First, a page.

6. Chabad is a well-known Hasidic movement. It was founded in 1775 by Rabbi Schneur Zalman of Liadi, also known as the Alter Rebbe. The name “Chabad” is an acronym of three emanations of God: Chochmah, Binah, Da’at. They are also sometimes referred to as Lubavitch because from 1813 until 1915 their leadership resided in the town of Lyubavichi in Russia. For more about Chabad, I recommend this article from the Jewish Virtual Library.
  7. There are many, many smaller groups that identify as Orthodox, as Haredi, or as Hasidic. The congregation in Monsey, NY are members of such a group, and honestly I don’t know much about them. As I am able to learn more, I will add the information to this article.

Most important to me is to underline before I finish this that while I do not see Orthodox expressions of Judaism as “more authentic” than other expressions of Judaism, I respect Orthodox Jews as cousins with whom I have more in common than not. We differ on many things but I stand with them against the tide of the dark forces of anti-Semitism that have been particularly cruel to them in the past month.

We are all Jews.

Ask the Rabbi: What about the Messiah?

Frank asked: “In the messianic era when mashiakh is here will all the sacrifice be… thanksgiving offerings?”

Before I can answer that, I need to write little bit about Jews and “the Messiah,” or in Hebrew, mashiakh.

There is no explicit mention in the Torah (Five Books of Moses) of a mashiakh. The term appears first in the books of the Prophets as mashiakh ben David, anointed son of David, referring to a king of Israel. Kings of Israel were not “crowned,” instead they had oil poured on their heads (see 1 Samuel 16:1-13).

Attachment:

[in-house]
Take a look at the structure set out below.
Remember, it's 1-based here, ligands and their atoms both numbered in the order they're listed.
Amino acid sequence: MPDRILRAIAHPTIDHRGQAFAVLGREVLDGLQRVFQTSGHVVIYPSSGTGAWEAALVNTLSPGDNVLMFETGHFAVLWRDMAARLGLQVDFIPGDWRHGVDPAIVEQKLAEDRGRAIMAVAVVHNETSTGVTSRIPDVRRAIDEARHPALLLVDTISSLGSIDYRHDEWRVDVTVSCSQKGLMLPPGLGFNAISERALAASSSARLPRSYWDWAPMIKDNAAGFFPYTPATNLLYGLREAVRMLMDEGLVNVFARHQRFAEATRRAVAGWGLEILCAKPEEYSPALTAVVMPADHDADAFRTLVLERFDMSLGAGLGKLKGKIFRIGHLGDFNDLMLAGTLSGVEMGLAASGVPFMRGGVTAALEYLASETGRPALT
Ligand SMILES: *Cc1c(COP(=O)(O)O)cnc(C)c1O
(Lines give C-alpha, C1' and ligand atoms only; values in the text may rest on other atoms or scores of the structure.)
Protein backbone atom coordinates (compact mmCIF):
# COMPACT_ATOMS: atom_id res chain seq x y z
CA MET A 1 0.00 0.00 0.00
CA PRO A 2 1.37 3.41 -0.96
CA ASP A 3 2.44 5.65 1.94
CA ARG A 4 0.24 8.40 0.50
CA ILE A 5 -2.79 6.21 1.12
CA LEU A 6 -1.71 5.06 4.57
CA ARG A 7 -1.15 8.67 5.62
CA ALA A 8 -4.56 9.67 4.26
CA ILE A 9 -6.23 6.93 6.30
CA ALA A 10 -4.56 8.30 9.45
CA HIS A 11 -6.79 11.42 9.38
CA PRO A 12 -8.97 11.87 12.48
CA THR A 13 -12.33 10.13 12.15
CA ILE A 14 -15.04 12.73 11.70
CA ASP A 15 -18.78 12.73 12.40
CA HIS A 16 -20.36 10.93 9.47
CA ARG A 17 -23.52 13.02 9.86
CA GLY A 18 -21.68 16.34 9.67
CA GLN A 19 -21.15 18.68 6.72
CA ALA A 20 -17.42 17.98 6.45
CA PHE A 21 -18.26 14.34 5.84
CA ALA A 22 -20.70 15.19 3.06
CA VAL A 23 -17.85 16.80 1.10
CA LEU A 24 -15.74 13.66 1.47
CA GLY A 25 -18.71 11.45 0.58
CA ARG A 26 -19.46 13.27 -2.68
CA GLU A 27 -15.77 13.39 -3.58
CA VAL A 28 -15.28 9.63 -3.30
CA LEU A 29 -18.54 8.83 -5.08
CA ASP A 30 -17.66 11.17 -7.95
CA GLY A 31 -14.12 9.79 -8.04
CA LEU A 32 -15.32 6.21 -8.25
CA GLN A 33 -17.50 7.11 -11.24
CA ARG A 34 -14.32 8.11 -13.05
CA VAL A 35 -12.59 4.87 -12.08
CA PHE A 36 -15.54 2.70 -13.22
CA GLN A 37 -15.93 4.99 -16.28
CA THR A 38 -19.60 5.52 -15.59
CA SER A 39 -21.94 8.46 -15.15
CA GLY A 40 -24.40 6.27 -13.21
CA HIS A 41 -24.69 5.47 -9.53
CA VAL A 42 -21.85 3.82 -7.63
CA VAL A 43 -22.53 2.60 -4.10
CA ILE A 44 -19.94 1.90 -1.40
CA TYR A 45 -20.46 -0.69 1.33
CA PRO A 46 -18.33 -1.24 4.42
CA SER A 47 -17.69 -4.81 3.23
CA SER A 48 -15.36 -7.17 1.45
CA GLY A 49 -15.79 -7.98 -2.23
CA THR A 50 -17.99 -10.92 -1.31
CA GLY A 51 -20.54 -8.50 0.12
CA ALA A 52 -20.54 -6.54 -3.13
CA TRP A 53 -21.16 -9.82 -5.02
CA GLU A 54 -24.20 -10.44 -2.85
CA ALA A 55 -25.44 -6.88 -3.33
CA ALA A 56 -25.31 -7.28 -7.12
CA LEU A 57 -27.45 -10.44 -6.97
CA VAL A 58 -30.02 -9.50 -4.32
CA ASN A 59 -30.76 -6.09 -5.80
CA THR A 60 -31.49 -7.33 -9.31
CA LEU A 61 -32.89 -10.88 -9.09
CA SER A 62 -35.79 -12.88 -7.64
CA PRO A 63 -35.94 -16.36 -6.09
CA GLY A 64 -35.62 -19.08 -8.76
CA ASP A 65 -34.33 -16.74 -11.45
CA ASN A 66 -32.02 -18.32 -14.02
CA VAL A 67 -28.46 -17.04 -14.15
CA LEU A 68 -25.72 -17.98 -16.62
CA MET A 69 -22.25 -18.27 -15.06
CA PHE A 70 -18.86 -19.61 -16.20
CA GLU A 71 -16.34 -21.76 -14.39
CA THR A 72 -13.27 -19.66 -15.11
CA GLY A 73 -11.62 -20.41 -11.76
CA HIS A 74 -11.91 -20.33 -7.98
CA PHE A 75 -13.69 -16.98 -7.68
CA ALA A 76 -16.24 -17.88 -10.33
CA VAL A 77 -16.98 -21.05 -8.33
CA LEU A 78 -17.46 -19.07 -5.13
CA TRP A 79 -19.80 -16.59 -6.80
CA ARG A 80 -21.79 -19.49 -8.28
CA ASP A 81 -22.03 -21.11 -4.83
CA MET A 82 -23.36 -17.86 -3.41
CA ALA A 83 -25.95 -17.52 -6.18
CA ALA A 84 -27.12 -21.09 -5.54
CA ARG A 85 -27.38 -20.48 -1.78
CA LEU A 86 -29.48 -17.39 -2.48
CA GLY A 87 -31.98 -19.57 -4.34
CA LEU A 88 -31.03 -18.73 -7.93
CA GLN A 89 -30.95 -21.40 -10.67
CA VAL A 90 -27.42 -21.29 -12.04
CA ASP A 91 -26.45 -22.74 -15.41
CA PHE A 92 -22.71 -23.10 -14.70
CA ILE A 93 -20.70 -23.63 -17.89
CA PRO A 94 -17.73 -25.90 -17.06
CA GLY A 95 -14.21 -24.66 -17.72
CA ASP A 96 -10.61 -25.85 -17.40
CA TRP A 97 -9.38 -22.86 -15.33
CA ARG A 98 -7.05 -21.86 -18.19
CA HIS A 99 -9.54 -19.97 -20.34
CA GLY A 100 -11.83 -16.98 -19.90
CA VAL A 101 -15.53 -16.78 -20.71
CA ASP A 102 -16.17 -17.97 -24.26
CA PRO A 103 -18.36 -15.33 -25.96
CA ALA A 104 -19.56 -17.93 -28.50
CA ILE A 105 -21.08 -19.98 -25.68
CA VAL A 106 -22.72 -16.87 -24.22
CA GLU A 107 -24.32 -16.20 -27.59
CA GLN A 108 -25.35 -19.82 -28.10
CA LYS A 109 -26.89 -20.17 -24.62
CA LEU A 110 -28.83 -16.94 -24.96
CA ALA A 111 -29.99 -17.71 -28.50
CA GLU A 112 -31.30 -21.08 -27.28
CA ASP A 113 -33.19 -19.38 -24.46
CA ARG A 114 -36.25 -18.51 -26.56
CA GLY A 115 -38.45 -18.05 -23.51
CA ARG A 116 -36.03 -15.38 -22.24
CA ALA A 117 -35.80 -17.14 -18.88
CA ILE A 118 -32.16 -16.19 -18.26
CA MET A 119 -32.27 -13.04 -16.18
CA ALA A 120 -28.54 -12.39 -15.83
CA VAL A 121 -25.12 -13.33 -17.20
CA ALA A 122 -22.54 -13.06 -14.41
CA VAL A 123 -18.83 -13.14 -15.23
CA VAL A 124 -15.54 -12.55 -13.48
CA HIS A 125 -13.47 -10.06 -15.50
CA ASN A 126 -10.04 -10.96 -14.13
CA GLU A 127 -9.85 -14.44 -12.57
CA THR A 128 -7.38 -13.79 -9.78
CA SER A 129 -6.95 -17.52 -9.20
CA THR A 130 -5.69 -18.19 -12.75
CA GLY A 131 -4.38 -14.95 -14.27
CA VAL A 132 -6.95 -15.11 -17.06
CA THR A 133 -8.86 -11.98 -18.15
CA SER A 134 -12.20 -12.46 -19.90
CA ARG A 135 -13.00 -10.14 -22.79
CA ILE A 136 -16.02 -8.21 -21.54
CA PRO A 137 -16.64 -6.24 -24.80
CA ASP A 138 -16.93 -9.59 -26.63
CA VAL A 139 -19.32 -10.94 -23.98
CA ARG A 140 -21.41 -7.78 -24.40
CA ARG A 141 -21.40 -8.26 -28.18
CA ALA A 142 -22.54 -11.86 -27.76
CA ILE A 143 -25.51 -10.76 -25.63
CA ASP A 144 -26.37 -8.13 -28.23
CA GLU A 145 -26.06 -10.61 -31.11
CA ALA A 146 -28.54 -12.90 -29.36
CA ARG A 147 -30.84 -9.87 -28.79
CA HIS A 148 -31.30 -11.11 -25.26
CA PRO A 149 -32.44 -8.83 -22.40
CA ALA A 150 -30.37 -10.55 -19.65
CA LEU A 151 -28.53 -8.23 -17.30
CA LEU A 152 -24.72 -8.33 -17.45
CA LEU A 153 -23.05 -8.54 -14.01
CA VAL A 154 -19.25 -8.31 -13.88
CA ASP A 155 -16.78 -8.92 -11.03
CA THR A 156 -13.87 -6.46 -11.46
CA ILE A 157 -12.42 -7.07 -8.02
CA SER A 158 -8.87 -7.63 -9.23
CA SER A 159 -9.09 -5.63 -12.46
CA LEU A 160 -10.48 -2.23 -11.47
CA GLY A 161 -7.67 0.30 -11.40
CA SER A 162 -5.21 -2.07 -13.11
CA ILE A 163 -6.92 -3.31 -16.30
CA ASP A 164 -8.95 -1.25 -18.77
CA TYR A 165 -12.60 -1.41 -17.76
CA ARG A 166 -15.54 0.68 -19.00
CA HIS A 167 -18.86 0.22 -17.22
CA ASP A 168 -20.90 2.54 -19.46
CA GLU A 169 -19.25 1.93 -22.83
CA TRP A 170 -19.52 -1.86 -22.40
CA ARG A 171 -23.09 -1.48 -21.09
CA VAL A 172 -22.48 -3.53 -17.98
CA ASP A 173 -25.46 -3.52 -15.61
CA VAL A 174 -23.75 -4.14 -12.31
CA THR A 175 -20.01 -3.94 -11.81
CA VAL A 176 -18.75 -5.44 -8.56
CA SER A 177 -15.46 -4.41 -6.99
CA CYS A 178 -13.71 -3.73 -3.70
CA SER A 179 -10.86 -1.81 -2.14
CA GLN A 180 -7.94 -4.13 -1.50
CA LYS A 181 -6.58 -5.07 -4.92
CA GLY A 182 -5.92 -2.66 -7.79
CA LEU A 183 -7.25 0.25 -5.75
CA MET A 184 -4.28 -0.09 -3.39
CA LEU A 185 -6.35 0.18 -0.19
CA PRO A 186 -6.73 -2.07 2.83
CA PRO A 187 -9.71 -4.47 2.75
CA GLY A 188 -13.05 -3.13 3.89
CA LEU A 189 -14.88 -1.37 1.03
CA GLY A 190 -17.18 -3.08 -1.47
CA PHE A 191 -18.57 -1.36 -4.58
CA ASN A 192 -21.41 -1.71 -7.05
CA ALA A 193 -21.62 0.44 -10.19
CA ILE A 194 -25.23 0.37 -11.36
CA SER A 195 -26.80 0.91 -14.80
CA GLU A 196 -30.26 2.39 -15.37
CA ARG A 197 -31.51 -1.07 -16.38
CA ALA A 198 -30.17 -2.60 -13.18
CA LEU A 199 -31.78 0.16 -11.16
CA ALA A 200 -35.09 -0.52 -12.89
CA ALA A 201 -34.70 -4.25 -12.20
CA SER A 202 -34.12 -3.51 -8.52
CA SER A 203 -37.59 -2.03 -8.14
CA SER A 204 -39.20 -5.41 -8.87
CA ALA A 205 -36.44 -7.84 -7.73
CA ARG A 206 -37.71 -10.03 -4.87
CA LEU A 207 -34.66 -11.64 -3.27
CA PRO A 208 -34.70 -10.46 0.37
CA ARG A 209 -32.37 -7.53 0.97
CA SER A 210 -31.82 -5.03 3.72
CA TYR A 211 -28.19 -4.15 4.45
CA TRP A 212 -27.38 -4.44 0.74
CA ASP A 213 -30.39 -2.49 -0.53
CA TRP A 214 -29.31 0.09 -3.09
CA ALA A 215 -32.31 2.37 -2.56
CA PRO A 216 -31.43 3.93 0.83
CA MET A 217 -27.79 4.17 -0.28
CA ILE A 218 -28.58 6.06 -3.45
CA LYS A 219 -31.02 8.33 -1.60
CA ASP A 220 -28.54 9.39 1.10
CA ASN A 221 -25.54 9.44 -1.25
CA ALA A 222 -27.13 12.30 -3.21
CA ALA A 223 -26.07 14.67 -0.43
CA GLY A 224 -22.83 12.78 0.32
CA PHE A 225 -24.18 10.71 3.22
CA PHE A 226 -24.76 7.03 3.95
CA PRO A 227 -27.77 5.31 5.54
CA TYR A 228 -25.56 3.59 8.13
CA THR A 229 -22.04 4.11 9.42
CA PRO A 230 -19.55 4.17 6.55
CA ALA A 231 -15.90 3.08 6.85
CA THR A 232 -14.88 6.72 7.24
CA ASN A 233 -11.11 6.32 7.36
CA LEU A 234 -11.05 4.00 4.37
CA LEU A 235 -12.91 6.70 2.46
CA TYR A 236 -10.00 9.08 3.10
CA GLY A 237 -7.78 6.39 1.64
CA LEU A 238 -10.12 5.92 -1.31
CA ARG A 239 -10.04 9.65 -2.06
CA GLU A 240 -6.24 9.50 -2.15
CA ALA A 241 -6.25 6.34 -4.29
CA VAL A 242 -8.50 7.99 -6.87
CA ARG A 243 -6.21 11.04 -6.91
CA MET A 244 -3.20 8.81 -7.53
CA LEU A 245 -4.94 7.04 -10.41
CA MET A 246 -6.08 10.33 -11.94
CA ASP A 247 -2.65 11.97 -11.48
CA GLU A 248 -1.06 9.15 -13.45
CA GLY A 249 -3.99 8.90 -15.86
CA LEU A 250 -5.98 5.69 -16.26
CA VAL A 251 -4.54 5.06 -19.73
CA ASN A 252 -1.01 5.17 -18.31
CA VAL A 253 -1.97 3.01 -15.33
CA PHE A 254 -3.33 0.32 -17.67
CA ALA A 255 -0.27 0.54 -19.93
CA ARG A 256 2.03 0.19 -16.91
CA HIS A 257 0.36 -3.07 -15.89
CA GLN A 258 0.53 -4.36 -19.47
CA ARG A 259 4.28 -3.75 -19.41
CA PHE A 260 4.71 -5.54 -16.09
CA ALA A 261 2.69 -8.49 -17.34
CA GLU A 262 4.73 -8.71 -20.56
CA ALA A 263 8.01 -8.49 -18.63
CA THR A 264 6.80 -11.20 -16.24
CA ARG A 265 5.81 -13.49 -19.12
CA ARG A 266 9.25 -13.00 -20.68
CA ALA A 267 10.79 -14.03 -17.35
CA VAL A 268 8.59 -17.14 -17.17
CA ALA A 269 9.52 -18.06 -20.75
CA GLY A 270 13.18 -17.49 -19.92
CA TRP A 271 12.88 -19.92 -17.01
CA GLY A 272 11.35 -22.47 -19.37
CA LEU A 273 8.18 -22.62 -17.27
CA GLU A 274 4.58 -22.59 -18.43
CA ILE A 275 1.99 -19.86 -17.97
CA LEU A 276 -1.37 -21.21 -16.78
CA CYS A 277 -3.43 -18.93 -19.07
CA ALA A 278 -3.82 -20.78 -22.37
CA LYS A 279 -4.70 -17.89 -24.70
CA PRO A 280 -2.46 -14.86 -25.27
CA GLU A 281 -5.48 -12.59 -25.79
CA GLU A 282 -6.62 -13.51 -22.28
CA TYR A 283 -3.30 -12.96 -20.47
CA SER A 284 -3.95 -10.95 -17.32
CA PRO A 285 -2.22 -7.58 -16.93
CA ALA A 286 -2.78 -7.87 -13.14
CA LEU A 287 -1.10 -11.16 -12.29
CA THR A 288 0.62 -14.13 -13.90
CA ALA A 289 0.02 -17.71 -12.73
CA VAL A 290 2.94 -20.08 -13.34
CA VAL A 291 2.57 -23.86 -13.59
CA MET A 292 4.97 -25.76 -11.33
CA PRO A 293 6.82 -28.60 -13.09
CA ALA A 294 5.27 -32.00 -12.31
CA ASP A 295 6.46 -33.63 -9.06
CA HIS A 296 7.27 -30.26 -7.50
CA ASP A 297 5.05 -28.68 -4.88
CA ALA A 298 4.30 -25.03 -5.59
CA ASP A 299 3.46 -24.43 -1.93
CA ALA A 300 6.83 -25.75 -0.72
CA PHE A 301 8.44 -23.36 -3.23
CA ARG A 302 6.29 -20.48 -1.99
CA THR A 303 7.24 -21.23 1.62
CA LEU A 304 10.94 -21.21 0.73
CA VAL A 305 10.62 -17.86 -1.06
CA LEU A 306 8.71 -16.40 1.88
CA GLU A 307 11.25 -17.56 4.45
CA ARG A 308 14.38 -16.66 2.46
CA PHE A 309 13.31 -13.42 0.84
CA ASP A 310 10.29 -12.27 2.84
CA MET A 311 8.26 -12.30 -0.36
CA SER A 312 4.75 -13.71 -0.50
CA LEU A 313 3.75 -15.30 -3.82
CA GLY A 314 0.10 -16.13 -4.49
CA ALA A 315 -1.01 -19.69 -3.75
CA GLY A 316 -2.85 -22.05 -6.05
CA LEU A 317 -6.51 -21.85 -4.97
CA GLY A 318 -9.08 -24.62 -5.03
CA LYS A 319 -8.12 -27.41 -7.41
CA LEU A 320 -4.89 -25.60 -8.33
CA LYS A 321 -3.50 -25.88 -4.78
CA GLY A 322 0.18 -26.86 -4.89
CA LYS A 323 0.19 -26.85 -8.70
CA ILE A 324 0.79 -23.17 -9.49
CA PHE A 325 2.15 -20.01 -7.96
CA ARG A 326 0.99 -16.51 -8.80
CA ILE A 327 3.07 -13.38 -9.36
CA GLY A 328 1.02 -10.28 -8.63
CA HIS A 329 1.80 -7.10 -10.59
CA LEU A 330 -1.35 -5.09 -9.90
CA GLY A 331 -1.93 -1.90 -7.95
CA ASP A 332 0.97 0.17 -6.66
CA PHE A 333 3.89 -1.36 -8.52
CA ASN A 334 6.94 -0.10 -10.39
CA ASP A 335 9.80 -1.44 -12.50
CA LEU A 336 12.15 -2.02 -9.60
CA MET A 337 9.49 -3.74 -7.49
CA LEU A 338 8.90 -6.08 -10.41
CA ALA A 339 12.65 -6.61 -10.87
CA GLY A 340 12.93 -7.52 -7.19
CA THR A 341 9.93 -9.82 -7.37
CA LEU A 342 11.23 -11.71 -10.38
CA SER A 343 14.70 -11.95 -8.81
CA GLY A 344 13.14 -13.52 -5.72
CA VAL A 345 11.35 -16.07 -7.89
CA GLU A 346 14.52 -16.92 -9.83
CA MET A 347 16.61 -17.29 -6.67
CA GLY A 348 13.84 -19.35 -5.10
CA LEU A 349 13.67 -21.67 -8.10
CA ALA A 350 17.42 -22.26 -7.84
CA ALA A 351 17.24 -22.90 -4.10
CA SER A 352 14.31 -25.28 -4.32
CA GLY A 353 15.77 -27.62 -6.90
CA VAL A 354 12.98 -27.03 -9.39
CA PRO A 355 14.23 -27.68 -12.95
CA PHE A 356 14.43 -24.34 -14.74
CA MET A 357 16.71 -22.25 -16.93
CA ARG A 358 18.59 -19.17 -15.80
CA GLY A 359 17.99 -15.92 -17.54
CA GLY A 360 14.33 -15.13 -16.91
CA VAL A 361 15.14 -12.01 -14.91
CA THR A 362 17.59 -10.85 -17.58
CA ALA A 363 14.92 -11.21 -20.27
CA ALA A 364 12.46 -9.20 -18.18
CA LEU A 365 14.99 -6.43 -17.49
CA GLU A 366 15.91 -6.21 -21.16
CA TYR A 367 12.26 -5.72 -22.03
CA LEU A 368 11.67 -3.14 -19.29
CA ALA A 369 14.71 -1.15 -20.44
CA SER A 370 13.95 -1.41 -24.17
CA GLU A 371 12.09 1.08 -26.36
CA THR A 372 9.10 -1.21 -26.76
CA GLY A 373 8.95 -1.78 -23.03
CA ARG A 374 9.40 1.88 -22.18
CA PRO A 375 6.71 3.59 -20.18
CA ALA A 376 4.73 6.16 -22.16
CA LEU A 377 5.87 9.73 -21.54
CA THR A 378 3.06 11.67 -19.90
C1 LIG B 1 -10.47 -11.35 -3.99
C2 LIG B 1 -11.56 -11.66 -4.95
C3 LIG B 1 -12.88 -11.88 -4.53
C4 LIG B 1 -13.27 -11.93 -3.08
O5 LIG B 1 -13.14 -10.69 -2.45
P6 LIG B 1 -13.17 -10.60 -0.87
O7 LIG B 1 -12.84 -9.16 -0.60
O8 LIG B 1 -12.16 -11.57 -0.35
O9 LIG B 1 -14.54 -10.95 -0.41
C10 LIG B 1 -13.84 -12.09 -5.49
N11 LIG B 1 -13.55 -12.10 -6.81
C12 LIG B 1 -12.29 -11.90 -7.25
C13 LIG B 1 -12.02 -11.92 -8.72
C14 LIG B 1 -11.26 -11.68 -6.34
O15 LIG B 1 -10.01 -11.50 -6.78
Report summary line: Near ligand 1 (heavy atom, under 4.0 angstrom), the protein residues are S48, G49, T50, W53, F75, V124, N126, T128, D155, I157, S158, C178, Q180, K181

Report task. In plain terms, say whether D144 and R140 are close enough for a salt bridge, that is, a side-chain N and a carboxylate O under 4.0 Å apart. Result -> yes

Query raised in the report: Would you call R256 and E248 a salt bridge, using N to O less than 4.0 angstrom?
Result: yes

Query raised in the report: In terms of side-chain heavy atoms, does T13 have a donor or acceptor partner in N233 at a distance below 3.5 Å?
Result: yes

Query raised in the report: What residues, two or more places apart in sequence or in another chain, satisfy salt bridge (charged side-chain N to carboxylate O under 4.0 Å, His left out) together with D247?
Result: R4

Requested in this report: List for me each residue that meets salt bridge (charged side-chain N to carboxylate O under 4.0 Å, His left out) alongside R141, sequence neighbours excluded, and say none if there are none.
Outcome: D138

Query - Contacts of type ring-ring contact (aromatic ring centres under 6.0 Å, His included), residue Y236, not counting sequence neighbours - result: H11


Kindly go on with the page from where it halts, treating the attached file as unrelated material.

Later in the prophets, we have more detailed descriptions of a future mashiakh and what this person will be and do:

  1. He will be a descendant of King David.
  2. He will be a political and military ruler over the land of Israel, rebuilding the Temple in Jerusalem.
  3. He will gather the Jews in Israel (the ingathering of the exiles.)
  4. He will lead them to full observance of Torah.
  5. He will bring peace to the whole world.

Exactly how those things will be accomplished, or when this person will arrive, is a matter of considerable disagreement. Several individuals have been declared, or declared themselves, mashiakh. Two of the most famous led the Jewish nation to disaster: Simon bar Kokhba and Shabbatai Zvi, Such “false messiahs” have been attractive to the Jewish people during periods when our situation was particularly difficult.